Some IMAGE evangelists have simplistically "answered" this question by recommending that you select a capacity equal to or greater than the largest key value. We shall refer to this technique as "Method 1".

Applying Method 1 to our 1978 example above would have yielded a capacity of at least 7830000 to hold 240000 entries (8 years worth). Unfortunately, the dataset would only be about 3.0% full which, because of its size, would be very wasteful of disc space.

A better "answer", which we shall refer to as "Method 2", is to choose a capacity 1 greater than the difference between the highest and lowest key values. In our example, this would equal 7830000-7100001+1 = 730000 and the dataset would be about 32.8% full. Not nearly as bad and yet not great either.

The question then arises: "Is there a way to calculate the smallest capacity which will yield no synonyms?".

To any mathematician worth his salt, the answer to this question is, "Hell, yes".

To prove this, note that we have already established that the set of all capacities which will yield datasets without synonyms is not empty. There is, in fact, an infinite number of answers satisfying Method 1.

Next, since capacities are always positive, the set of all successful capacities must have a smallest value since the set of positive integers is "well ordered" and bounded below by zero.

Lastly, since the method of key value assignment is well defined, as is the method of primary address calculation, all that remains to be done is to convert this knowledge to a programmable algorithm which will calculate this smallest capacity.

Clearly, we could simply start with the minimum possible capacity C which equals the product N x L, where N is the "number of runs" and L is the "run length". By calculating the first address of each run, we can determine whether any two runs collide. If they do, we can increment C and try again. This will ultimately yield a successful value of C which is, for multiple runs, generally far better than the capacity determined by Method 2.

Some months ago, after years of procrastination and wearying of the simplistic and inadequate advice being peddled by others, I finally developed and programmed an algorithm which converges on a minimum C value in a matter of seconds.

We refer to this algorithm as "Method 3".

If I had possessed Method 3 in 1978, I could have applied it to our earlier example of a "pitfall" to achieve a no-synonym dataset 90% full by decreasing the capacity from 350000 to 265000 yielding the following runs:



Claim numbers Record Numbers
7100001 through 7130000 210002 through 240001
7200001 through 7230000 45002 through 75001
7300001 through 7330000 145002 through 175001
7400001 through 7430000 245002 through 10001
7500001 through 7530000 80002 through 110001
7600001 through 7630000 180002 through 210001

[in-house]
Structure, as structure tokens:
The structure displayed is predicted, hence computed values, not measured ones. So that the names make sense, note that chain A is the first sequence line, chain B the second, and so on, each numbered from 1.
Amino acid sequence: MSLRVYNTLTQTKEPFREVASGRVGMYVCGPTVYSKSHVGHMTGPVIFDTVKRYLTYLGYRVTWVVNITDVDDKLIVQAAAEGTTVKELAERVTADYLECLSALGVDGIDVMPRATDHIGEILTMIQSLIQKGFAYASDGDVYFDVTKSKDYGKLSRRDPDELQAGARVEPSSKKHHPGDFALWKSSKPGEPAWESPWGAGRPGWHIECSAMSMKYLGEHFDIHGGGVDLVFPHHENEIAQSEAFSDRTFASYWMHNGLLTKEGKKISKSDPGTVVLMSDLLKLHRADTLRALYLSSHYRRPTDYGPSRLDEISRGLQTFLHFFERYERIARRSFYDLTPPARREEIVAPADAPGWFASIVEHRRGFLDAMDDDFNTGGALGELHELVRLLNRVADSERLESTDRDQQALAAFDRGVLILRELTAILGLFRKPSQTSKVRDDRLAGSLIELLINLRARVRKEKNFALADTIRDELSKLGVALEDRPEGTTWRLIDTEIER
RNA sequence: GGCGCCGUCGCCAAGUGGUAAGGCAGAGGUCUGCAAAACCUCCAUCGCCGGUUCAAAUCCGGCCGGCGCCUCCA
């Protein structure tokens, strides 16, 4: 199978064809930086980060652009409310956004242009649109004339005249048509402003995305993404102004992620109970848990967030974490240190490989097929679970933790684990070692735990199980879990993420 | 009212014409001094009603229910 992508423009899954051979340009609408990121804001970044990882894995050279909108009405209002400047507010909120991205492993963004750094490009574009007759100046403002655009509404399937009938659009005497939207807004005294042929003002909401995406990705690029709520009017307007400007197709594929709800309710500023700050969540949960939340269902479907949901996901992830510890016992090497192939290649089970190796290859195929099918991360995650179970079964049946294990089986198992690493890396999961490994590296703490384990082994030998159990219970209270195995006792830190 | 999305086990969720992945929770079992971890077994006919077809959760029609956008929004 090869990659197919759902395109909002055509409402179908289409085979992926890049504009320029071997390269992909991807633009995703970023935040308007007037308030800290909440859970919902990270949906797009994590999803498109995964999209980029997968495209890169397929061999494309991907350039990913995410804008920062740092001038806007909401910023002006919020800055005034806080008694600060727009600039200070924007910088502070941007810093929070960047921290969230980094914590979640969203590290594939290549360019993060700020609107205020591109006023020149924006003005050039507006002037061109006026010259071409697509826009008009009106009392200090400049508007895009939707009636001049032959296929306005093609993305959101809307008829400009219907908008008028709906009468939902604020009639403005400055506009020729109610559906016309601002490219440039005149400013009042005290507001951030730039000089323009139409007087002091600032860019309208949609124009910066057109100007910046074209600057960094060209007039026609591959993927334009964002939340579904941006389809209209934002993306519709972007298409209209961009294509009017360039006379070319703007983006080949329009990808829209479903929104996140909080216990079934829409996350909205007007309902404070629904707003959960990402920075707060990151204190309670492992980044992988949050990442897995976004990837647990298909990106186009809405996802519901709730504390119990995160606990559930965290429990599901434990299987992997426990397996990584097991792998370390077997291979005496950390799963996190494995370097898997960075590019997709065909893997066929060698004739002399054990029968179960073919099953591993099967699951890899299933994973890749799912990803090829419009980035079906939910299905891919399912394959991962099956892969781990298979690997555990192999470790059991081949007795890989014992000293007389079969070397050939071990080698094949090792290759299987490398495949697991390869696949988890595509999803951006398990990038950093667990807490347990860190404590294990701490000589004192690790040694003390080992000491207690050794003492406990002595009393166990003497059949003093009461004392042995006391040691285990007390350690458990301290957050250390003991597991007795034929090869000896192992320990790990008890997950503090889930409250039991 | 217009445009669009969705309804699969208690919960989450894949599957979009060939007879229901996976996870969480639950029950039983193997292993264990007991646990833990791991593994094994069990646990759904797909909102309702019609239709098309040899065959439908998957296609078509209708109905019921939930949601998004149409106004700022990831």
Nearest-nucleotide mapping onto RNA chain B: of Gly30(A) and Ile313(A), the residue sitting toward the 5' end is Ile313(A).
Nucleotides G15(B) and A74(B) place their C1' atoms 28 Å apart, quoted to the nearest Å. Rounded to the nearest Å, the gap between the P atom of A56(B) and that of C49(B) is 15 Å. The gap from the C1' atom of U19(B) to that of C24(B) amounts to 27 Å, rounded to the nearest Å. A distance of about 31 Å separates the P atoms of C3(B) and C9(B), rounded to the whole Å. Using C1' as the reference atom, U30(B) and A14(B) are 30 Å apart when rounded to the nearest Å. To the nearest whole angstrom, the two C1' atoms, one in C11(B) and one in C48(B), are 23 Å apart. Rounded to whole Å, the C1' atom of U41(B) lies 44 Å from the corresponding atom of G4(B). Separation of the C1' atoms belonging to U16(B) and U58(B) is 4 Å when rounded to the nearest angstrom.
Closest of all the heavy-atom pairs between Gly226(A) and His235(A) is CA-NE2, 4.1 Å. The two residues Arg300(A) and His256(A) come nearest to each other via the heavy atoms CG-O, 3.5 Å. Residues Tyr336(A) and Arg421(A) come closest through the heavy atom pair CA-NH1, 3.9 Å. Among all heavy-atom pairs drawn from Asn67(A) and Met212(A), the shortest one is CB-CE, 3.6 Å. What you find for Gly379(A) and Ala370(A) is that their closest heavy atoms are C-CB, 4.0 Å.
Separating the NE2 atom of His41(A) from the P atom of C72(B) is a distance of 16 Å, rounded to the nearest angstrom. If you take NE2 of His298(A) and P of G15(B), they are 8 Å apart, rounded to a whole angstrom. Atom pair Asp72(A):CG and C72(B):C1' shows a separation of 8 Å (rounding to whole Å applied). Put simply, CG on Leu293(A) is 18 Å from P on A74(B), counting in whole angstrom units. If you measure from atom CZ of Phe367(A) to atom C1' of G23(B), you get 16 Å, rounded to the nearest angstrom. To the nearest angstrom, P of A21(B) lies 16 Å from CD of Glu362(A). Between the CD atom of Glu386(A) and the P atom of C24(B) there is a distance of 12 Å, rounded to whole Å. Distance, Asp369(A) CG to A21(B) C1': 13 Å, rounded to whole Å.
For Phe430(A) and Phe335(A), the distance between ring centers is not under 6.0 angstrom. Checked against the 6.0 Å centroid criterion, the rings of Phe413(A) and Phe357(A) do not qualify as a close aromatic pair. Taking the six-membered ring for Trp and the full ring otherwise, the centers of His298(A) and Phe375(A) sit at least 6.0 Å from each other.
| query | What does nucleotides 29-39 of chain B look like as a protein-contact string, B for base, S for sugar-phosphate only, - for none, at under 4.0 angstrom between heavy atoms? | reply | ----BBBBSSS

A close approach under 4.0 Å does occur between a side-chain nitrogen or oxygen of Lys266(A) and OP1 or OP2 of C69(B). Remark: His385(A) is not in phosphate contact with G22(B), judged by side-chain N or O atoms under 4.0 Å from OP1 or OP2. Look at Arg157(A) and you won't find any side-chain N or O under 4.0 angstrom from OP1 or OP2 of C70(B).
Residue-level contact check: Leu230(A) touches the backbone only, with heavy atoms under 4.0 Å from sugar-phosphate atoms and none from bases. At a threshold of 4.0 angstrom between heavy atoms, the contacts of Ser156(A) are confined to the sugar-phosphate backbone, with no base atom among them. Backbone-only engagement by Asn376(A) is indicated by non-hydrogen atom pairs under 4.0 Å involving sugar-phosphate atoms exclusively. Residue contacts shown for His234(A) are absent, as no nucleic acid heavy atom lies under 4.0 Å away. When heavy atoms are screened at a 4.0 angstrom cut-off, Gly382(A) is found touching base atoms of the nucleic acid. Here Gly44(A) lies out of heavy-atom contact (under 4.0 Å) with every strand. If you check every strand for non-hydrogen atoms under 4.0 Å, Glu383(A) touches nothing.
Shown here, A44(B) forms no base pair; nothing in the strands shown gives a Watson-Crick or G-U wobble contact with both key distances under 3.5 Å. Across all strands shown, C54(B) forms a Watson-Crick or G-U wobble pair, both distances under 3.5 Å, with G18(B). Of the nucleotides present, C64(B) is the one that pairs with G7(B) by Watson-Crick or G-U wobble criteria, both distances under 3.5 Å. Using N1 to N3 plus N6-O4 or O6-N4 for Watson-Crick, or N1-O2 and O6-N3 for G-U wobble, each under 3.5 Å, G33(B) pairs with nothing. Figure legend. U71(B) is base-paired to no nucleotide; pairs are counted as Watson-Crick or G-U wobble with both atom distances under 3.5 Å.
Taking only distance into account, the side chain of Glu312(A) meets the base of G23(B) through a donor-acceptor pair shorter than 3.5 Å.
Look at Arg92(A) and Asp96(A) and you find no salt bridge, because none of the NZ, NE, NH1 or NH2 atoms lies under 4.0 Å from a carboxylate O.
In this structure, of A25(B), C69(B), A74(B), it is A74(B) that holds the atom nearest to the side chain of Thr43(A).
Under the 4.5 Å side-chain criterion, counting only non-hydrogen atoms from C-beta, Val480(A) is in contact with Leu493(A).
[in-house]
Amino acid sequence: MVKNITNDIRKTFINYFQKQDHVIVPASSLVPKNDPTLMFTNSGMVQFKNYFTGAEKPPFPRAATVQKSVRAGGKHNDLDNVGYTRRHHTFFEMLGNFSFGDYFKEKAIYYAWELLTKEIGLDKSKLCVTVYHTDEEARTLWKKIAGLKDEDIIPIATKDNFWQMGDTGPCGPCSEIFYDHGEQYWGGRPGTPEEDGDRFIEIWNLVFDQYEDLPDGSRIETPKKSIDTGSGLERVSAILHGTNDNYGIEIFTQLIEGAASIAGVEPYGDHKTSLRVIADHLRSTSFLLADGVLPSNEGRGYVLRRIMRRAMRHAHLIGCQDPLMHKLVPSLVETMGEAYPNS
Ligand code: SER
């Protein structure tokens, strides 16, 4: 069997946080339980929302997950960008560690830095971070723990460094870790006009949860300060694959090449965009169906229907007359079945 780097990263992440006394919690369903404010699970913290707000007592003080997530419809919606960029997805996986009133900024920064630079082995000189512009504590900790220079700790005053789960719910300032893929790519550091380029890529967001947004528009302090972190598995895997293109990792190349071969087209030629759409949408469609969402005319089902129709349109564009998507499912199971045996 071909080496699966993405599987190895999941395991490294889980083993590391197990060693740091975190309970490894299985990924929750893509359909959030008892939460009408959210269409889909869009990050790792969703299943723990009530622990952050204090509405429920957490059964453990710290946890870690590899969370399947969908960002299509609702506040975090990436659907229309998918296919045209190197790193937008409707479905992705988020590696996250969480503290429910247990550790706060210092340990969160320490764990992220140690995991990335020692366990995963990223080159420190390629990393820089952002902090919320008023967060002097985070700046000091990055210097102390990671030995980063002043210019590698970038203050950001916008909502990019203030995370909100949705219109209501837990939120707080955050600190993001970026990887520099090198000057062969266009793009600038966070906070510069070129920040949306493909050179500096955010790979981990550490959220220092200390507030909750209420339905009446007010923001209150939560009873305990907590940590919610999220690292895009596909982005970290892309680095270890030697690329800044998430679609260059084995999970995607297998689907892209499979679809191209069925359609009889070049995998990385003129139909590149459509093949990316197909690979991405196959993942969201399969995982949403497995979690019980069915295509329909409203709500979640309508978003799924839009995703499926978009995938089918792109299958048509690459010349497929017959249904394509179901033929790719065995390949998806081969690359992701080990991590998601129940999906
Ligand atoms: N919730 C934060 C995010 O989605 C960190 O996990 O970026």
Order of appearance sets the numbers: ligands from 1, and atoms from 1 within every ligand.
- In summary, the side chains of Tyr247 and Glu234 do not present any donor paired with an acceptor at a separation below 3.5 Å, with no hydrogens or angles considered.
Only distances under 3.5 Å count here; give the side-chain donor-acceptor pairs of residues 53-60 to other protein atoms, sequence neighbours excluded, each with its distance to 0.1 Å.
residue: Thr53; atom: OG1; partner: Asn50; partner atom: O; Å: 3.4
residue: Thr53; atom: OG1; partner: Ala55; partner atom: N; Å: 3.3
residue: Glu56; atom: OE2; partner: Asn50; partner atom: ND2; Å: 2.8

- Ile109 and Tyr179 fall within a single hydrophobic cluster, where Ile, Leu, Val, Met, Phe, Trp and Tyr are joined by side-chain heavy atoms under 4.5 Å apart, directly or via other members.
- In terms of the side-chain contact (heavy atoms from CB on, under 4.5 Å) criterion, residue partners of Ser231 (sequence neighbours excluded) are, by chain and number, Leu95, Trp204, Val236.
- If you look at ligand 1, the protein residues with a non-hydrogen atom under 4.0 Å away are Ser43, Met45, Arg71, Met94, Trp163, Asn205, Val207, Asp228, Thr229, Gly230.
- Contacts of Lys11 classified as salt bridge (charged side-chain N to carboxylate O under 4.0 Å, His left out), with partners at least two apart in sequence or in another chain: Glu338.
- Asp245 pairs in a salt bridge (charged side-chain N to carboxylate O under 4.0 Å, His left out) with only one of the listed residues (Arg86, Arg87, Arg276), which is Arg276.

7700001 through 7730000 15002 through 45001
7800001 through 7830000 115002 through 145001

If the user wanted to maintain 15 years of claims, Method 3 yields a 79% full dataset with a capacity of 565000 and no synonyms:



Claim numbers Record Numbers
7100001 through 7130000 320002 through 350001
7200001 through 7230000 420002 through 450001
7300001 through 7330000 520002 through 550001
7400001 through 7430000 55002 through 85001
7500001 through 7530000 155002 through 185001
7600001 through 7630000 255002 through 285001
7700001 through 7730000 355002 through 385001
7800001 through 7830000 455002 through 485001
7900001 through 7930000 555002 through 20001
8000001 through 8030000 90002 through 120001
8100001 through 8130000 190002 through 220001
8200001 through 8230000 290002 through 320001
8300001 through 8330000 390002 through 420001
8400001 through 8430000 490002 through 520001
8500001 through 8530000 25002 through 55001

By now it should be clear that, under the right circumstances and with the proper tools, integer keys are superior to hashing keys since we can guarantee a dataset with no synonyms.

Let's look at some other examples.

First, suppose we have an application where access is keyed on "day-of-year". We can define a master dataset with an I1 key and a capacity of 366 (remember leap year). If we subsequently reference all 366 days of the year, the master will be 100% full with no synonyms. In this simple case, all three methods yield the same result.

Suppose, however, we want to key on "day-of-month". In this case our I1 (or J1 or K1) key values (in decimal notation) could be in the form MMDD where 1<=MM<=12 and 1<=DD<=31. The smallest value represented will be 101 and the largest 1231.

Method 1 yields a capacity of 1231. Since the dataset has exactly 366 entries, it is thus only 29.73% full.

Applying Method 2, we achieve a capacity of 1231-101+1 = 1131 and a master which is 32.36% full.

Applying Method 3 yields a capacity of 431 and a master which is 84.91% full with no synonyms:



Key Values Record Numbers
0101 through 0131 101 through 131
0201 through 0231 201 through 231
0301 through 0331 301 through 331
0401 through 0431 401 through 431
0501 through 0531 70 through 100
0601 through 0631 170 through 200
0701 through 0731 270 through 300
0801 through 0831 370 through 400
0901 through 0931 39 through 69
1001 through 1031 139 through 169
1101 through 1131 239 through 269
1201 through 1231 339 through 369

Let's go one step further. Suppose again that you wish to key on "day-of-year" but also to distinguish by year and want to span 10 years. Here we can have a key of type I2 represented by a decimal format of YYDDD (or YYYYDDD).

Choosing the YYDDD format with YY values between 87 and 96, leaves us with a minimum value of 87001 and a maximum of 96366.

Method 1 leads to a capacity of 96366 and a dataset 3.79% full.

Method 2 yields a capacity of 96366-87001+1 = 9366 and a dataset 39.07% full.

Method 3 yields a capacity of 5366 and a dataset which is 68.2% full with no synonyms. Not great, but much better than 39.07% and fantastically better than 3.79%:



Key Values Record Numbers
87001 through 87366 1145 through 1510
88001 through 88366 2145 through 2510
89001 through 89366 3145 through 3510